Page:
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Archive for Thursday, July 24, 2003

Advocate pans Westar rebate plan

July 24, 2003

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Westar Energy's plan to pay each of its customers about $28 in rebates over a two-year period is far below what the company should be paying, a state consumer advocate said Wednesday.

The Kansas Corporation Commission has ended its hearing into plans by the financially beleaguered company to reduce its $2.9 billion in debt.

Under an agreement with large industrial customers, Westar would rely more heavily on investors and less on debt for its capital. The Topeka-based company already has cut its stock dividend and started selling nonutility assets to pay down its debt.

David Springe, consumer counsel for the Citizens' Utility Ratepayer Board, said some of Westar's plan was "quite reasonable."

But he blasted a proposal by Westar to rebate only $20.5 million in 2005 and 2006 to its 653,000 electric customers, describing the rebate as "a very, very small bone to consumers."

The rebates, which would be a little more than $14 per customer per year, should be more, Springe said, although he didn't say how much more.

Springe said Westar's rates approved by the KCC in 2001 allowed for the company to charge its ratepayers $49 million per year to recover the cost of federal taxes. But the company didn't pay those taxes because it was in such dire financial condition.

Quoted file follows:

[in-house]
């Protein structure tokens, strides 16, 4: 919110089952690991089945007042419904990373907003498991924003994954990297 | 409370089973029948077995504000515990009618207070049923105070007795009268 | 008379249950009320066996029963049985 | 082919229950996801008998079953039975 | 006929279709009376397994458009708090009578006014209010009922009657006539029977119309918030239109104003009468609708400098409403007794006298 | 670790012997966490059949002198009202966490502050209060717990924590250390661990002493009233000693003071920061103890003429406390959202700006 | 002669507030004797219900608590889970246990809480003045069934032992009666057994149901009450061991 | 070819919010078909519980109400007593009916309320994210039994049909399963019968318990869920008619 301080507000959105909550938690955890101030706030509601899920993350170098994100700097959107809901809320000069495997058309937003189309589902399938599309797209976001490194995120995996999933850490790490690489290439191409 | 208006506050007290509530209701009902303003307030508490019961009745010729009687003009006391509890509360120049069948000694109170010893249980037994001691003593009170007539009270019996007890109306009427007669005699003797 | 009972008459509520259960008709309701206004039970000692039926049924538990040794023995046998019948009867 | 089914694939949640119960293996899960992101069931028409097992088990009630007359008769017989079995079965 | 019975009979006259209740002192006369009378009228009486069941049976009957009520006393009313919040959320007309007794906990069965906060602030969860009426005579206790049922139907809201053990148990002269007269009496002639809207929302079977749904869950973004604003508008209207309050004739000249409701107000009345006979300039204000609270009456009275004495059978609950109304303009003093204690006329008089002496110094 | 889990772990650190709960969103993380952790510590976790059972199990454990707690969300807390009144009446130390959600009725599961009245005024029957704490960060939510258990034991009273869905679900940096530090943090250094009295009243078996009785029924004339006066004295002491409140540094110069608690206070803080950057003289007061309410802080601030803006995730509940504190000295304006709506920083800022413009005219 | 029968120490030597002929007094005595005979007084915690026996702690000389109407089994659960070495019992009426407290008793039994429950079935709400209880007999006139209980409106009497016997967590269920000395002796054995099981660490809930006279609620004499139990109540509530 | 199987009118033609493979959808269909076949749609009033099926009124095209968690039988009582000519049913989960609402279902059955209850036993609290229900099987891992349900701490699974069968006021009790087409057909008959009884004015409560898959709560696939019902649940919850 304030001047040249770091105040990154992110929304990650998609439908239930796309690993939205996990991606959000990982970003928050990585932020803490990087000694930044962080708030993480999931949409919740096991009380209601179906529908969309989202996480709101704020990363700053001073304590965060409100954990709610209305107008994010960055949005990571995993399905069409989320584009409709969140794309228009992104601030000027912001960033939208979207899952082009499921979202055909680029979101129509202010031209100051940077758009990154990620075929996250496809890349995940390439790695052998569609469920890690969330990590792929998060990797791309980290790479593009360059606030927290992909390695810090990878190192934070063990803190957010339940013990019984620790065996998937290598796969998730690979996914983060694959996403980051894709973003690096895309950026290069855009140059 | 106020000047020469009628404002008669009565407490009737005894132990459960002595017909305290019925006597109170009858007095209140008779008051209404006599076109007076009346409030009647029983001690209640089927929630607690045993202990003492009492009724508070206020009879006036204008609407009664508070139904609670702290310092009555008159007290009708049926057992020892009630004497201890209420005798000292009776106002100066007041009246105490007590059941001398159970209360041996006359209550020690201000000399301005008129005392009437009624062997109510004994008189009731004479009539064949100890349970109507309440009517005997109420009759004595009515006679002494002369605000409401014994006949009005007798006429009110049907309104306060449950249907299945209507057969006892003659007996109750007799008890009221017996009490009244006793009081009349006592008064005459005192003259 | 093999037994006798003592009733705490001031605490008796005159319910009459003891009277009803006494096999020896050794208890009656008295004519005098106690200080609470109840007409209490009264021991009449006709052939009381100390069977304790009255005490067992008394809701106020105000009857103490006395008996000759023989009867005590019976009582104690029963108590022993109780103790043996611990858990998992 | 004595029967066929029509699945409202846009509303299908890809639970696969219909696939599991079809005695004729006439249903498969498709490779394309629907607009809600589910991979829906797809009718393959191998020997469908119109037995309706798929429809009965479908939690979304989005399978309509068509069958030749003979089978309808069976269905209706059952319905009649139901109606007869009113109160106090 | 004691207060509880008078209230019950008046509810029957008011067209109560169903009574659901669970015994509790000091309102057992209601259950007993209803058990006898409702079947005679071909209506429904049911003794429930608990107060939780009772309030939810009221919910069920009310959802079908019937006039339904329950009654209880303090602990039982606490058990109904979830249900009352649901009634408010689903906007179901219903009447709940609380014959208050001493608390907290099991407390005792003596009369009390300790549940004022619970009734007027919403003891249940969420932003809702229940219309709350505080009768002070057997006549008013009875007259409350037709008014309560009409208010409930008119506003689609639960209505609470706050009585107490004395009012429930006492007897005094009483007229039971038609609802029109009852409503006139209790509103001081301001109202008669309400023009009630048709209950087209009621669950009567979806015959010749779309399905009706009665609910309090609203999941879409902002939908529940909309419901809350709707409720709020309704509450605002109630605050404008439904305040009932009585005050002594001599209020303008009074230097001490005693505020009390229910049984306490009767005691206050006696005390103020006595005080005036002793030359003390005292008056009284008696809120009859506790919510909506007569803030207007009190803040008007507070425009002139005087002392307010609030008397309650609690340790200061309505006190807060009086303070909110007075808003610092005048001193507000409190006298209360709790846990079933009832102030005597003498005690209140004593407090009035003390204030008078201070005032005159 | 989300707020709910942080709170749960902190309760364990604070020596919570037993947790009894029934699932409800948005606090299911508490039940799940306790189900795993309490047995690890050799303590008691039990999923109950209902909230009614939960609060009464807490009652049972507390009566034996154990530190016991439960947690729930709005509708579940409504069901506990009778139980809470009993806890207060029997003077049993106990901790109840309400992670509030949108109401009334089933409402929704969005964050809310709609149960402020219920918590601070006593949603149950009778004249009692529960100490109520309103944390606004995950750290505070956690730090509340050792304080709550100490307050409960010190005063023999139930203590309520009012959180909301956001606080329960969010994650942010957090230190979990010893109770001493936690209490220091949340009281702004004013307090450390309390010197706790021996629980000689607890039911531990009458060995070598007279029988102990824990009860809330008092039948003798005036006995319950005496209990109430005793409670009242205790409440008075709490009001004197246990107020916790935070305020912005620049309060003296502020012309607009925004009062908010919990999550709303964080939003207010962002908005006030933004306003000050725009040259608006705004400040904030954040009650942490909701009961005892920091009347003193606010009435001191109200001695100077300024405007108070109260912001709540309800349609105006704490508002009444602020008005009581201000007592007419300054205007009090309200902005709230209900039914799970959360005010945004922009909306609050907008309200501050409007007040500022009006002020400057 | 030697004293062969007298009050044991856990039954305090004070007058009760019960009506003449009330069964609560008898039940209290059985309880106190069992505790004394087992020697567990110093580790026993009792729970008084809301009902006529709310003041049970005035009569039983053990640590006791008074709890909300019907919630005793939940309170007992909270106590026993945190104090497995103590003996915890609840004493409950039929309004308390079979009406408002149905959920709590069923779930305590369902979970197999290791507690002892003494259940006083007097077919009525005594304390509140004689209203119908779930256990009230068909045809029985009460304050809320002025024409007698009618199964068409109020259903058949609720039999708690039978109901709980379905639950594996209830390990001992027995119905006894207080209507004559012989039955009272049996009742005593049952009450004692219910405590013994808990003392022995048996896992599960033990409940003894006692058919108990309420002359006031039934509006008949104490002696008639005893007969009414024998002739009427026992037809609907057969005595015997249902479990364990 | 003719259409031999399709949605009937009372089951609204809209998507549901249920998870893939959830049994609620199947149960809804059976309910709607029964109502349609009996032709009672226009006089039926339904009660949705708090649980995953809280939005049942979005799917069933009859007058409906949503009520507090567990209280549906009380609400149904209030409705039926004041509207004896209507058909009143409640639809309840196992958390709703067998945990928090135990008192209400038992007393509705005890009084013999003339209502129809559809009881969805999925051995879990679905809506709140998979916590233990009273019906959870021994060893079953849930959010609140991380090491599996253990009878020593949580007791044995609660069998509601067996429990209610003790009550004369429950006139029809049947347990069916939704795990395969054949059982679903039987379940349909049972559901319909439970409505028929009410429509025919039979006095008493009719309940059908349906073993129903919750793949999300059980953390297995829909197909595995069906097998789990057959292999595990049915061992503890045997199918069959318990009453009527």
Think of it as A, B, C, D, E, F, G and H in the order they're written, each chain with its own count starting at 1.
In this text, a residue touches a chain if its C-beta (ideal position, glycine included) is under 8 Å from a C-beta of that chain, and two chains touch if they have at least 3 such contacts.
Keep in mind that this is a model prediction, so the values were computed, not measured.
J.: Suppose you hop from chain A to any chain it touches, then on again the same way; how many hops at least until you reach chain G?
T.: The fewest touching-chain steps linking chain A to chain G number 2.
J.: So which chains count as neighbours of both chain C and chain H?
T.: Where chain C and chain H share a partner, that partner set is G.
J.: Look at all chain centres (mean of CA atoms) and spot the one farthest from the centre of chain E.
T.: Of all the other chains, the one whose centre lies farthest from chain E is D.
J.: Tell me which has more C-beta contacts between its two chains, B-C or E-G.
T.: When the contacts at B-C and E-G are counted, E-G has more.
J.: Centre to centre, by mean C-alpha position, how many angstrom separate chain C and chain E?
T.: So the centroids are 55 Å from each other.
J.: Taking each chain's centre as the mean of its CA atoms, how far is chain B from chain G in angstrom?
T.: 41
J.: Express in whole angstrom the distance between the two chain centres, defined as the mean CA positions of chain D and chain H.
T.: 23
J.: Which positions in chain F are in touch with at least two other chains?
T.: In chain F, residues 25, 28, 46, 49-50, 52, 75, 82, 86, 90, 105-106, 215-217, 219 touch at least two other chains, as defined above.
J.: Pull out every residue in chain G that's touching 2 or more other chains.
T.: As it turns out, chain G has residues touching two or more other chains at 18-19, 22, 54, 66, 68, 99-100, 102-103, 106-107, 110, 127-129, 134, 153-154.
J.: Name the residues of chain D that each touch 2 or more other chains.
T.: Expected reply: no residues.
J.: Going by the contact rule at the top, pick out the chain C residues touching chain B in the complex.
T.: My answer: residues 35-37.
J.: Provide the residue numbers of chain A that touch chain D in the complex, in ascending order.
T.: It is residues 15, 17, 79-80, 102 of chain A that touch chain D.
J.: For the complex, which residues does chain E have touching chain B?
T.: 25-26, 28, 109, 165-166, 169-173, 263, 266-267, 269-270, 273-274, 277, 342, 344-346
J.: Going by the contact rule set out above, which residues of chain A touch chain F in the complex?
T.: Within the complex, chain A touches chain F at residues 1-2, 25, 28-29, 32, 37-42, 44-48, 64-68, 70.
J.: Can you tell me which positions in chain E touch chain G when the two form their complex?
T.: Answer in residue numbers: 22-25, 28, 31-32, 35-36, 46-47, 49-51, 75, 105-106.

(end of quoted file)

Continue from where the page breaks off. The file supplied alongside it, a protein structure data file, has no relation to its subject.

"I think that what is contained in the settlement in terms of rebates is too small," Springe said.

Springe also objected to allowing the company to continue paying shareholders an annual dividend of 76 cents per share.

Jim Haines, president and CEO of Westar Energy, listens to a
question during a hearing in Topeka. The Kansas Corporation
Commission had the hearing Wednesday on Westar's latest finance
plan.

Jim Haines, president and CEO of Westar Energy, listens to a question during a hearing in Topeka. The Kansas Corporation Commission had the hearing Wednesday on Westar's latest finance plan.

"Doesn't that just sort of stick in your throat, if we are going to continue paying dividends," he said.

In written testimony, Westar CEO Jim Haines said he hoped the KCC would stick to the company's plan.

"Westar Energy was and remains in fragile financial health. If we were required to do more, my confidence in the viability of the plan would diminish substantially," he said.

Haines added that the plan "provides only a thin margin to allow for its separate parts to come in below expectations."

The KCC must decide on Westar's plan, but hasn't released a timeline for the matter.




The Associated Press contributed to this report.

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